Full transcript of "Face the Nation" on October 3, 2021
On this "Face the Nation" broadcast moderated by Margaret Brennan:
- Rep. Alexandria Ocasio-Cortez (D) New York
- Dr. Anthony Fauci, Chief Medical Adviser to President Biden, Director, National Institute of Allergy & Infectious Diseases
- Sen. Cory Booker, (D) New Jersey
- Gov. Jim Justice, (R) West Virginia
- Dr. Scott Gottlieb, Former FDA Commissioner
Click here to browse full transcripts of "Face the Nation."
MARGARET BRENNAN, HOST: I'm Margaret Brennan in Washington.
And this week on FACE THE NATION: The standoff between Democrats on Capitol Hill continues, and our COVID death toll reaches a grim new milestone.
Last week was a revealing look into Washington's ways, as Democratic budget battles reached new lows and tensions within the party are at new highs.
House progressives, backed by the president, won this round, as they blocked a vote on that trillion-dollar infrastructure bill that passed the Senate in August with bipartisan support. It's not that they don't like it. They're holding it up until all Democrats get on board with a massive $3.5 trillion bill devoted to spending for social programs and climate change.
Moderate Democrats in the Senate, like West Virginia's Joe Manchin and Arizona's Kyrsten Sinema, say that's a price tag that's too high.
(BEGIN VIDEO CLIP)
UNIDENTIFIED MALE: This is not giving out money. This is not spending. This is investing. And this is building the state that we both love.
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BRENNAN: And they're both feeling the heat from the left.
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SEN. JOE MANCHIN (D-WV): And all they need do is, we have to elect more -- I guess, for them to get theirs, elect more liberals.
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BRENNAN: So is President Biden. He spent the week huddling with Democrats in Washington and announced he's going on a road trip to sell his proposals.
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JOE BIDEN, PRESIDENT OF THE UNITED STATES: We had hurricanes and floods, and we had little things like -- anyway, a lot was going on. A lot was going on.
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BRENNAN: The president says he's been busy, but promised a new focus on his domestic agenda.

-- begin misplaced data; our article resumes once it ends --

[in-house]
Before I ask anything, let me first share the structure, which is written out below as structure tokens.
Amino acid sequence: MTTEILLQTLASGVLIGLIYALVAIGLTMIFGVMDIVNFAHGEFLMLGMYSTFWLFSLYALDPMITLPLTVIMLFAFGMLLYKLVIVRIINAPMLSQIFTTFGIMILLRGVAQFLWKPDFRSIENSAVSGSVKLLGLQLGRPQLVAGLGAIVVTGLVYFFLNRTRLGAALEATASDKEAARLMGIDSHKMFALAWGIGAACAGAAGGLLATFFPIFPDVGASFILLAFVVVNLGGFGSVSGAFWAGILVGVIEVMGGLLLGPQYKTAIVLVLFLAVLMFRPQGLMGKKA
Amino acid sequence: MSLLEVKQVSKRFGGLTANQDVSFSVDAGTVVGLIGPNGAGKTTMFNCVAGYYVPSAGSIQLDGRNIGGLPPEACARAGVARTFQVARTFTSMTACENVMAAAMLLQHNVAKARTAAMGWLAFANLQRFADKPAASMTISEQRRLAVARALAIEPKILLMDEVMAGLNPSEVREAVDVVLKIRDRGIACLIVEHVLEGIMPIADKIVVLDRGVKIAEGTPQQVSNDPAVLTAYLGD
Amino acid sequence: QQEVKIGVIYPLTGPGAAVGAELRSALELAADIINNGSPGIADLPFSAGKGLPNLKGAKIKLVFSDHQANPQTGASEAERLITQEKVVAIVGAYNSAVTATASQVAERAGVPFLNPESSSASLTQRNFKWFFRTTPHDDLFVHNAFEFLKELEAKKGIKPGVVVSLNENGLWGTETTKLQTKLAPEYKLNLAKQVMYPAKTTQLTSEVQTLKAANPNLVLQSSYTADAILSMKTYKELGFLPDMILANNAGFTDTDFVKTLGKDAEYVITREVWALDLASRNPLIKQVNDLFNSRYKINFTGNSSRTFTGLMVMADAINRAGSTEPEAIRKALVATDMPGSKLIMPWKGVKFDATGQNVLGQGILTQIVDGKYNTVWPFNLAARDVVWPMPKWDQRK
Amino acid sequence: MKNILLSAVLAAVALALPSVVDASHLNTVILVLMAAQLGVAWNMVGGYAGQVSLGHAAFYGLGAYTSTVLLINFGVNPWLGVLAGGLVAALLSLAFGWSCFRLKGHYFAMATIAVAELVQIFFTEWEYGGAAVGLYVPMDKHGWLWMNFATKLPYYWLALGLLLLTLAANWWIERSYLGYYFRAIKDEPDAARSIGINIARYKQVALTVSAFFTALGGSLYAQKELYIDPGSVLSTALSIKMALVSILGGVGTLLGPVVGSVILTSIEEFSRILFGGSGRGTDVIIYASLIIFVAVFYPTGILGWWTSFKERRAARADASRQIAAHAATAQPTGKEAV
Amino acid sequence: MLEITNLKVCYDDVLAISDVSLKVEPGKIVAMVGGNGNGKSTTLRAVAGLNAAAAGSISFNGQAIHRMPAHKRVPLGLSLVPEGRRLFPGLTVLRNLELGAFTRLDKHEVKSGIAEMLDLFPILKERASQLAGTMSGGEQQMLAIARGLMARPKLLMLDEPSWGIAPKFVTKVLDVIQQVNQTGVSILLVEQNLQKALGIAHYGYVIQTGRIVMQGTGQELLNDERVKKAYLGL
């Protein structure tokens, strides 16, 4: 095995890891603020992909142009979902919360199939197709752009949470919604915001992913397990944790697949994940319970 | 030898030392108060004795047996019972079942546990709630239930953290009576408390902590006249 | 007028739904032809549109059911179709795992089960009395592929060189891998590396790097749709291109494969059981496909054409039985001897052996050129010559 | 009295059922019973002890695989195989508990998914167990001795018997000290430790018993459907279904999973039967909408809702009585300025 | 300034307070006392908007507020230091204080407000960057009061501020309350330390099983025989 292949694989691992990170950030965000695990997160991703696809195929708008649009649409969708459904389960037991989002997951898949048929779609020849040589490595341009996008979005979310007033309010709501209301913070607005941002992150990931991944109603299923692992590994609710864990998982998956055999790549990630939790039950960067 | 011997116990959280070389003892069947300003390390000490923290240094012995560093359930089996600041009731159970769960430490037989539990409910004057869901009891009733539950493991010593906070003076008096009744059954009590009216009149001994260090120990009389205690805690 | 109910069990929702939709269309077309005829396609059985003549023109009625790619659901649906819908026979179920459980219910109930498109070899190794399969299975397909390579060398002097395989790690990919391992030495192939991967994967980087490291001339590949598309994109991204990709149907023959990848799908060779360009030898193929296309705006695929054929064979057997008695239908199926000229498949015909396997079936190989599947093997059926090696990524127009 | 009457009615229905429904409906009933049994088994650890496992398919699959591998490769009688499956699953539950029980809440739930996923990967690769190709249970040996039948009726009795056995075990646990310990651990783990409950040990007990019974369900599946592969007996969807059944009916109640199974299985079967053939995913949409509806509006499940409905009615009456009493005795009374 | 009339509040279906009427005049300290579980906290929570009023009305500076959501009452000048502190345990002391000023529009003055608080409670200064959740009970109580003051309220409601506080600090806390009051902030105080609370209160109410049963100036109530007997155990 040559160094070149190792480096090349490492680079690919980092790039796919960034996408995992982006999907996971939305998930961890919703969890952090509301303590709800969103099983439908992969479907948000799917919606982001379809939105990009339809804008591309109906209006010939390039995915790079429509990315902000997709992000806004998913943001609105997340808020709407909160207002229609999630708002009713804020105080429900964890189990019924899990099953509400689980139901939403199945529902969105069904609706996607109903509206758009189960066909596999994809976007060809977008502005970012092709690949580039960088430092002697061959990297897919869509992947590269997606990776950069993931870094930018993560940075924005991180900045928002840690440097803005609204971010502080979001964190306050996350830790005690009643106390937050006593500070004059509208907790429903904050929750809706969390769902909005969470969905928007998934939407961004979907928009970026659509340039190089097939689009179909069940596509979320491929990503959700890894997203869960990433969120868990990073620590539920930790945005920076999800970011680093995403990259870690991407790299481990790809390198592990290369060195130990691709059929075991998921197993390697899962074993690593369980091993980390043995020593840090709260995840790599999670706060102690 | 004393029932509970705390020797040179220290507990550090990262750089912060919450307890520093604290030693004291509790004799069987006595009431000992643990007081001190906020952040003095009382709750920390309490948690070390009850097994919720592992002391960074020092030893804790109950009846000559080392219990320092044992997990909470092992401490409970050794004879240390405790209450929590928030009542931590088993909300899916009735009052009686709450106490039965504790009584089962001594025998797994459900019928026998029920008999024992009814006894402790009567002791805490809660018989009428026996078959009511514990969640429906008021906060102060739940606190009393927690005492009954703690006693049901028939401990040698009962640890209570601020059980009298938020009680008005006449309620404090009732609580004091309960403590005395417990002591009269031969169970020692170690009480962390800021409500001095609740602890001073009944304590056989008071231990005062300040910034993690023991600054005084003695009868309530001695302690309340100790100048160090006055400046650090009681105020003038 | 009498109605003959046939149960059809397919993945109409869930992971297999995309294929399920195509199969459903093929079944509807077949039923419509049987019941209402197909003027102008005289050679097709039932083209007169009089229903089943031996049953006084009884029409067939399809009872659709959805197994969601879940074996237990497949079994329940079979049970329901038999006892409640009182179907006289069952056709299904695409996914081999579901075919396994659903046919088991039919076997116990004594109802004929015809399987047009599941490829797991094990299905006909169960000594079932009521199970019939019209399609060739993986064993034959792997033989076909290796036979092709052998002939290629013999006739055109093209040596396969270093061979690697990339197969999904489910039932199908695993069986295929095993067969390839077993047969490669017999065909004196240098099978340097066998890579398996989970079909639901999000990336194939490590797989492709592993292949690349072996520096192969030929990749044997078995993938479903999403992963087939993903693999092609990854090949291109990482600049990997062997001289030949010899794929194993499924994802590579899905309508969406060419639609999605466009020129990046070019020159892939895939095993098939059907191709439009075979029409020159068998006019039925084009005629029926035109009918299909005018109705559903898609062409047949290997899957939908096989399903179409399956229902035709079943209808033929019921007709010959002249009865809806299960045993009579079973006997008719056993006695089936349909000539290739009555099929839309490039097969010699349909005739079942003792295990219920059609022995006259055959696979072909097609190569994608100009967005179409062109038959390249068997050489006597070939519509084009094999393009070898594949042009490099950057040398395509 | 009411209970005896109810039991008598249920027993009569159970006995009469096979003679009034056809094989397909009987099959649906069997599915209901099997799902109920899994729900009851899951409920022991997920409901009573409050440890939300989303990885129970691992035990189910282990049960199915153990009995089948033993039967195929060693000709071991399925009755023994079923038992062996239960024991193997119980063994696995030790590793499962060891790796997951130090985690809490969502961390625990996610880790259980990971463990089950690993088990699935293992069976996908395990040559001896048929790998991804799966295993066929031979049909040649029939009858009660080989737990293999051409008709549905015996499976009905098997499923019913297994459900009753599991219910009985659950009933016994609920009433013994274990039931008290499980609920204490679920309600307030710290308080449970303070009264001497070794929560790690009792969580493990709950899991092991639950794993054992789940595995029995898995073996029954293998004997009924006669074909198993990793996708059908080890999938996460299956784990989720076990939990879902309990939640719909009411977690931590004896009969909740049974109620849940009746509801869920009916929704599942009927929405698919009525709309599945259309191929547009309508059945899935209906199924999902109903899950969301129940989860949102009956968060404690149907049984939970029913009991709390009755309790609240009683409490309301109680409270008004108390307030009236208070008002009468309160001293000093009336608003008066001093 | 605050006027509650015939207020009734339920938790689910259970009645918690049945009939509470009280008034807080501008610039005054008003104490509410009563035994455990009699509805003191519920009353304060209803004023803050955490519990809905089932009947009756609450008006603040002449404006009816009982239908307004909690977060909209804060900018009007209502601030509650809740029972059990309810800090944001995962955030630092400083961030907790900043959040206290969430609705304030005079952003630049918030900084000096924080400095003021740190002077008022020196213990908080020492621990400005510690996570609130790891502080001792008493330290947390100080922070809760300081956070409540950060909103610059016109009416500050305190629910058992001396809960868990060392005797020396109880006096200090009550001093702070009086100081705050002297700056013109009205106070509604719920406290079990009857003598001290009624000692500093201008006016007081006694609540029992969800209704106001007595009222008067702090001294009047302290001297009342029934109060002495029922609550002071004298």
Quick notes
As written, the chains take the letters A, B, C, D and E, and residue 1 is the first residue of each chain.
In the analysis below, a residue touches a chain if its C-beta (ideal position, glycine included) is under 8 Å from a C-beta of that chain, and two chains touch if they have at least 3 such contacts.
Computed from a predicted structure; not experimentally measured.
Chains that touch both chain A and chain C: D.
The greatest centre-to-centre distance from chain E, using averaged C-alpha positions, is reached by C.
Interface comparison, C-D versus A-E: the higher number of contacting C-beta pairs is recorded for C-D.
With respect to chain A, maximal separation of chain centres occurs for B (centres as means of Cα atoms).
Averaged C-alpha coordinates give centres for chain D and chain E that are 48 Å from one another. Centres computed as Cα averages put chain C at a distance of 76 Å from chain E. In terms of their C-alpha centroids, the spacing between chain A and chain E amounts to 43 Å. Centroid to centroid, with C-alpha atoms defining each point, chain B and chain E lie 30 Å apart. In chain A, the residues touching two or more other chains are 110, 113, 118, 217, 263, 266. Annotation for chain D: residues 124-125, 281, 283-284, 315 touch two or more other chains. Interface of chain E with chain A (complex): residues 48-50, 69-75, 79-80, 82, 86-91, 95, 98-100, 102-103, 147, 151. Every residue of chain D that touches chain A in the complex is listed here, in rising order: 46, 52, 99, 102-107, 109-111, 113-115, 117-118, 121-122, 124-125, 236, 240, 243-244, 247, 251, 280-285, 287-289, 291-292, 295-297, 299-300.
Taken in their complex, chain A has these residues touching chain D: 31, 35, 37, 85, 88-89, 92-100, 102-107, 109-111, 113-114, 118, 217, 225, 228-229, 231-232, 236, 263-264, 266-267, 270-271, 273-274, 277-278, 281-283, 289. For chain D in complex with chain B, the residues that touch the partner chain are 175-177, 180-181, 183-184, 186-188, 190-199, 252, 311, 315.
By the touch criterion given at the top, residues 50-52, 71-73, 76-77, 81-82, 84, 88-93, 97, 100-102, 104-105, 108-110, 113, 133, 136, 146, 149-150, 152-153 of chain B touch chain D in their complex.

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BIDEN: "Biden has vowed he's going to do this."
Biden is going to work like hell to make sure we get both these passed. And I do think we will get them passed.
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BRENNAN: Can he unite the party and fix the mess that's become the subject of late-night jokes?
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UNIDENTIFIED ACTRESS: Can't we compromise on anything? Isn't something better than nothing?
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BRENNAN: The real Representative Alexandria Ocasio-Cortez will be here, and we will ask her that very question.
Plus, New Jersey Democratic Senator Cory Booker on prospects for police reform. He will respond to our interview last week with South Carolina Republican Tim Scott.
And although Delta variant cases are finally starting to slow, West Virginia is in crisis. We will talk West Virginia Governor Jim Justice, Dr. Anthony Fauci and former FDA Commissioner Dr. Scott Gottlieb.
It's all just ahead on FACE THE NATION.
Good morning, and welcome to FACE THE NATION.
These are interesting times here in Washington. We're used to the political battles being back-and-forths between Republicans and Democrats, but, today, we find ourselves in an increasingly polarized debate between Democrats, the factions within the party, the progressives or liberals, and the moderates.
We asked some of the key moderates on both sides of Congress to join us this morning, and they didn't take us up on our invitation.
But we do begin today with a key progressive, New York Representative Alexandria Ocasio-Cortez.
Congresswoman, it is great to have you here in studio.
REP. ALEXANDRIA OCASIO-CORTEZ (D-NY): Great to be here. Thank you.
BRENNAN: So, you have this standoff right now.
How real is the risk that the Democrats end up with nothing?
OCASIO-CORTEZ: You know, I know that -- you know, I believe that the entire party is committed in delivering for this country.
And I know that our caucus, the House Democratic Caucus, is entirely focused on delivering for this country. But I think the question that we're having right now, and the reason why we are having this discussion right now, is because we don't want to leave communities behind.
And, all too often, D.C. politics, when we have to make a compromise, the folks that get compromised are lower-income, working-class families. It's health care. It's relief. It's communities of color. And we want to make sure that we're fighting for all of us, not just some of us.
BRENNAN: Which is why you're using your leverage right now to hold up the other trillion-dollar infrastructure bill.
But the head of your caucus, the Progressive Caucus, was on another network this morning, and Represent Jayapal said $1.5 trillion is just too small. That's the number that Senate moderates, Joe Manchin in particular, want to get down to.
President Biden, according to our reporting from Ed O'Keefe, our correspondent, says you're going to have to settle for about $2 trillion. Is that an acceptable ceiling for you?